The global country that is Facebook will hire 3000 people by the end of this year to “review the millions of reports we get every week, and improve the process for doing it quickly”, its founder (and head of state) Mark Zuckerberg said in a post today.

Facebook reviews content according to its community guidelines, which disallow hate speech and child exploitation. “And we’ll keep working with local community groups and law enforcement who are in the best position to help someone if they need it -either because they’re about to harm themselves, or because they’re in danger from someone else.”

Policing content via community is going to be tough

Facebook doesn’t actively police content, but relies on its community to flag content, which is then reviewed. This is, in a manner of speaking, reactive policing. This essentially absolves Facebook of prior knowledge before content is posted, and allows it to play the role of an intermediary and a tech platform merely allowing others to publish content. If it were to screen content, it would, like media publications, have liability over that content.

Facebook’s challenge with live streaming is far greater than policing hate speech, and it includes suicide, murder, and to people considering committing suicide.  Zuckerberg, in his post, says “Just last week, we got a report that someone on Live was considering suicide. We immediately reached out to law enforcement, and they were able to prevent him from hurting himself. In other cases, we weren’t so fortunate.”

Earlier last month,  Justin Osofsky, Facebook’s VP global operations, wrote in a blog post that Facebook is reviewing its reporting flows and reviewing its reporting process, but he also indicated a timeline of how the community on Facebook reacted, following an incident in Cleveland:

Timeline of Events
11:09AM PDT — First video, of intent to murder, uploaded. Not reported to Facebook.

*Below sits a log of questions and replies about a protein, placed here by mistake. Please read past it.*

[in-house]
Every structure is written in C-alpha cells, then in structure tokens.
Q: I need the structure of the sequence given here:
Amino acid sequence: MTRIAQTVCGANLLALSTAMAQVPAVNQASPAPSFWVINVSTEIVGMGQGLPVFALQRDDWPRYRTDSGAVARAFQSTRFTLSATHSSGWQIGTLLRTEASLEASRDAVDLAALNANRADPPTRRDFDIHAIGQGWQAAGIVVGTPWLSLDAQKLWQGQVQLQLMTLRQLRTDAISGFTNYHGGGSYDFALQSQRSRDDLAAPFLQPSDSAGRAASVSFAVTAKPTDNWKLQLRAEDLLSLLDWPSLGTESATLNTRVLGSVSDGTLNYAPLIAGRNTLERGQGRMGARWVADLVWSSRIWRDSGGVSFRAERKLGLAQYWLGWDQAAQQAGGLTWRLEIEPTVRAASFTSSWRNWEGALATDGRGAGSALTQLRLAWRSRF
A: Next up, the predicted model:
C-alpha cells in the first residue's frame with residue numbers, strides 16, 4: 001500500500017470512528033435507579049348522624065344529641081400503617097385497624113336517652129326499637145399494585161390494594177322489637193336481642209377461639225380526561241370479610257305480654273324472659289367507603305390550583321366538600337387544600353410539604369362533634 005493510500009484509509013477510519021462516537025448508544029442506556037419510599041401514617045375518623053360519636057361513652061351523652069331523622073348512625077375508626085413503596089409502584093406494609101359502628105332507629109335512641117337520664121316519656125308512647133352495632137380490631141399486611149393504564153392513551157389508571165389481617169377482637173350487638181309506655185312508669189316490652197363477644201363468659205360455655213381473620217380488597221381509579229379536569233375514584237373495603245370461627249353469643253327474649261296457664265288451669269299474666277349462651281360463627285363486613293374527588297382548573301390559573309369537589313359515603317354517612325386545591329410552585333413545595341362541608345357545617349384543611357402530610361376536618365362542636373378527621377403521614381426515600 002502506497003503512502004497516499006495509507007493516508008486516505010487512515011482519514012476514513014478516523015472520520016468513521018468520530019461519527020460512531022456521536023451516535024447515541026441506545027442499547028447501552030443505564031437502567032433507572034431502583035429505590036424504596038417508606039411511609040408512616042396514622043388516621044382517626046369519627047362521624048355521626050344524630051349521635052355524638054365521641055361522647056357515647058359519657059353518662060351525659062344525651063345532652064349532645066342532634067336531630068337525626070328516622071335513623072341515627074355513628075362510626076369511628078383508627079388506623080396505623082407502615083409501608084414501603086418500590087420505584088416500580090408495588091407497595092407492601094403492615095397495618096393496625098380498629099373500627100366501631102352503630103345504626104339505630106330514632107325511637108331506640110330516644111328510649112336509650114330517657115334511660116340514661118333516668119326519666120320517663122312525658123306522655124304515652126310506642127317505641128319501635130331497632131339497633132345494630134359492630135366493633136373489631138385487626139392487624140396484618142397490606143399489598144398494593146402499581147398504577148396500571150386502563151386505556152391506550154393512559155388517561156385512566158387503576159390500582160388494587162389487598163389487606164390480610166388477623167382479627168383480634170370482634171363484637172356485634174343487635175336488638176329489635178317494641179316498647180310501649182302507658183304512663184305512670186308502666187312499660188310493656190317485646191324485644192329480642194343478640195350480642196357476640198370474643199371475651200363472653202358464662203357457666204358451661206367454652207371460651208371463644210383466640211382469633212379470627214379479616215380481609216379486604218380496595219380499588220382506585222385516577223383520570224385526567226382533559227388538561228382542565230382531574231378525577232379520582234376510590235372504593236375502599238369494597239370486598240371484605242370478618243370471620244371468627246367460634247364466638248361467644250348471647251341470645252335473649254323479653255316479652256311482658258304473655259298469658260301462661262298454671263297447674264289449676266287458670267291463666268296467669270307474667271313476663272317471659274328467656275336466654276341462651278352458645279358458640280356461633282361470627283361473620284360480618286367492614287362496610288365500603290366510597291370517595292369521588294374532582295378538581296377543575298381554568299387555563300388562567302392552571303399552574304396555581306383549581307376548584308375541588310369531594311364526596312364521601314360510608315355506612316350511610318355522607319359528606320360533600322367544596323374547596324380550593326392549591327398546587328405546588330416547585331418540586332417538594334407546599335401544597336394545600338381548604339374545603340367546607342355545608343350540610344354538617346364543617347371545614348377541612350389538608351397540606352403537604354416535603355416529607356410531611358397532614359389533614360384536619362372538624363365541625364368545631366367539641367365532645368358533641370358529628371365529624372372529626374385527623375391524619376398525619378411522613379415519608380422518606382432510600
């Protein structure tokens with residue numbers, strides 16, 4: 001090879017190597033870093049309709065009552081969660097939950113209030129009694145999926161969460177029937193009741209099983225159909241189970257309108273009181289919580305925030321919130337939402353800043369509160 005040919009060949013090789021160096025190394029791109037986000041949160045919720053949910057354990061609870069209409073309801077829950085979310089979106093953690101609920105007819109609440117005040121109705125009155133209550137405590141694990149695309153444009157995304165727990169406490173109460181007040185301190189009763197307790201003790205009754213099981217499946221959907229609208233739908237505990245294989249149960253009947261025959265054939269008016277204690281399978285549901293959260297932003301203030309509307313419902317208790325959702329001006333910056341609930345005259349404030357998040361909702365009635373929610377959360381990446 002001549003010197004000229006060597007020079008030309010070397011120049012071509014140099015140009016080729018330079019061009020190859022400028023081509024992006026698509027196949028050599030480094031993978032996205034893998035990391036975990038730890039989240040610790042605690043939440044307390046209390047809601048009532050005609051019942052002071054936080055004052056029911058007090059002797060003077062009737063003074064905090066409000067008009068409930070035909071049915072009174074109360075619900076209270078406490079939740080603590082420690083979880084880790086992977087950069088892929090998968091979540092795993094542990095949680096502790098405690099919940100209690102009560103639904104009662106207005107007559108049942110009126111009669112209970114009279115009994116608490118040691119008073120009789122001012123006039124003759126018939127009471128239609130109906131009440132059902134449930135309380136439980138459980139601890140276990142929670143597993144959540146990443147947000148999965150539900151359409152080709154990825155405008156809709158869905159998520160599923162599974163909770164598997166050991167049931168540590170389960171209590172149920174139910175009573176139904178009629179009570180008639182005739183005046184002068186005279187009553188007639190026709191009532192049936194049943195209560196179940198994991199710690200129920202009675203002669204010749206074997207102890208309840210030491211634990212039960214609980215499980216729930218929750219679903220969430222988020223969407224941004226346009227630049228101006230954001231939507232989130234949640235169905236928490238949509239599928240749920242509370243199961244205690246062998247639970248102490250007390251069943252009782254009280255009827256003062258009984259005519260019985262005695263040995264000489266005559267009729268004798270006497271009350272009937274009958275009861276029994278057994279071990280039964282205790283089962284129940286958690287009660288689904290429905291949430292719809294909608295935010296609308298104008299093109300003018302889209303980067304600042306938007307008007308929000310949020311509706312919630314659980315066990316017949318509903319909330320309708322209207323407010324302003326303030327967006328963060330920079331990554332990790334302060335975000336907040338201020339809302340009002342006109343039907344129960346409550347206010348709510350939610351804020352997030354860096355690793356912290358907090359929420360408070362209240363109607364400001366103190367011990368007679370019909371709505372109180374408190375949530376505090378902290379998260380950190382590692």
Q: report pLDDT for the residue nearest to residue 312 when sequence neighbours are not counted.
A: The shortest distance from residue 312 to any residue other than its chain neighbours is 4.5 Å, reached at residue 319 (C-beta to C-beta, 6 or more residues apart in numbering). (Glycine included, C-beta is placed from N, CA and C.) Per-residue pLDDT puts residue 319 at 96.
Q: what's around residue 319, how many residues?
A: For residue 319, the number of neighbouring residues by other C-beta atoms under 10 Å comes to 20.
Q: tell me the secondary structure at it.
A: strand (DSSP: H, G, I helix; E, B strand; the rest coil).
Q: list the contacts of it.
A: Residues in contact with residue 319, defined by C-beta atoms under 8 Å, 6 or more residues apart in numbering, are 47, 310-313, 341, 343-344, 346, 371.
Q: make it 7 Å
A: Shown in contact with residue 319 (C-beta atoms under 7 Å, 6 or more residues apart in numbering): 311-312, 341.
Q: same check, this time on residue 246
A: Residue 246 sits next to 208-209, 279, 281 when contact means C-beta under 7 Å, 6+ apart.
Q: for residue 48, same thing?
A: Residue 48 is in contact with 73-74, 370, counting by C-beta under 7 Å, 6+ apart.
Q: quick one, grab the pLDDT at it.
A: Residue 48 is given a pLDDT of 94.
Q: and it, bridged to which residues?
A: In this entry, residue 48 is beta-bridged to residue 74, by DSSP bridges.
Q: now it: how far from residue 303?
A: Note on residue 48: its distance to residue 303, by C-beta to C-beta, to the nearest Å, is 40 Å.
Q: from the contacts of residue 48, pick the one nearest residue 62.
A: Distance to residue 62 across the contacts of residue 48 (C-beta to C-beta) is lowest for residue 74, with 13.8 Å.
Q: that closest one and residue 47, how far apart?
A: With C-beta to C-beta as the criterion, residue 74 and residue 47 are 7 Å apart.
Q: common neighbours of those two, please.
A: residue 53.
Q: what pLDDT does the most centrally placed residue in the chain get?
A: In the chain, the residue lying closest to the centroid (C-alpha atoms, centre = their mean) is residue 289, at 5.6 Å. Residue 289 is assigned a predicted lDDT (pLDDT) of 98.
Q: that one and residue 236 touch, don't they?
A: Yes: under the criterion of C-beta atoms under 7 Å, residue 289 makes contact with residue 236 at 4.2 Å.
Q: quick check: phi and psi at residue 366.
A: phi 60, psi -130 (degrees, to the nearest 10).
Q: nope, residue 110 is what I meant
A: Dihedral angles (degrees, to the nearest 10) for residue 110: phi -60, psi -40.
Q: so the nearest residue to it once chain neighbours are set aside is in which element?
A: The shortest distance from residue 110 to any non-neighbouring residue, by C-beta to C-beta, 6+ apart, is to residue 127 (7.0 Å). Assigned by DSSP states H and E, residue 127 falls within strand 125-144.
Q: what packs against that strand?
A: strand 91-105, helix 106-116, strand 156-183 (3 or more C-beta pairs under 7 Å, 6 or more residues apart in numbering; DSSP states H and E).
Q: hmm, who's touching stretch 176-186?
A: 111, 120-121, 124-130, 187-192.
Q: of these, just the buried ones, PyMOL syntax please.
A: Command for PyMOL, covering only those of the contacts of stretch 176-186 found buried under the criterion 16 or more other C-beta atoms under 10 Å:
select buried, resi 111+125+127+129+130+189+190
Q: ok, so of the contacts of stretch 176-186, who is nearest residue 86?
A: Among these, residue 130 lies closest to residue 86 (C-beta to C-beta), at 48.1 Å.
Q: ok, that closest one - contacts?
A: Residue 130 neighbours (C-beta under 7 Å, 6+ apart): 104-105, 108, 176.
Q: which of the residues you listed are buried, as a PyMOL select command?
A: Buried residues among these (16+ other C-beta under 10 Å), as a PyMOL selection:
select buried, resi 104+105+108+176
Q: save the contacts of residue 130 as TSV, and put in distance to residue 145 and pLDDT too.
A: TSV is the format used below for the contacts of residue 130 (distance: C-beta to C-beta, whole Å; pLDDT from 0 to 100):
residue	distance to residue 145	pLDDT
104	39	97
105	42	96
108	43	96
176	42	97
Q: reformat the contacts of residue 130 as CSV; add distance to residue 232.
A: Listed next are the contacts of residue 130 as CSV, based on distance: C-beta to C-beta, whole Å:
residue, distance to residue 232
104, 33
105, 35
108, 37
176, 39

11:11AM PDT — Second video, of shooting, uploaded.
11:22AM PDT — Suspect confesses to murder while using Live, is live for 5 minutes.
11:27AM PDT — Live ends, and Live video is first reported shortly after.
12:59PM PDT — Video of shooting is first reported.
1:22PM PDT — Suspect’s account disabled; all videos no longer visible to public.

As you can see, depending on people to report is not very effective.

Even with and addition of 3000 people by the end of the year, Facebook is clearly understaffed: it will have around 7500 people to monitor flagged content from a daily active user (citizen) base of 1.3 billion (and growing), with millions of instances of content flagged a week. Facebook will thus also build “better tools to keep our community safe.”


These tools, according to Zuckerberg, will involve:
– Making it simpler for users to report problems (which could lead to an increase in reports)
– Faster for our reviewers to determine which posts violate our standards (which could, if it works well, helps address the increase in reports)
– Easier for reviewers to contact law enforcement.

I don’t quite remember which company it was, but at the world wide web conference in Hyderabad in 2011, I remember a developer talking about how a Russian video messaging streaming site (which allowed strangers to interact via video) dealt with nudity on its platforms: its image recognitions algorithms were trained to spot instances of nudity, and the stream would shut down. Of course, like I mentioned earlier, the challenges that Facebook are far greater, owing to its scale.

The problem is that with time, and with an increase in incidents, regulators will step in: the more the instances of shocking and explicit video content being streamed live, the more the pressure from courts and governments to get Facebook to prevent live-streaming. Beyond a point, Facebook may not be able to retain its safe harbour from Intermediary Liability: it’s only a matter of time.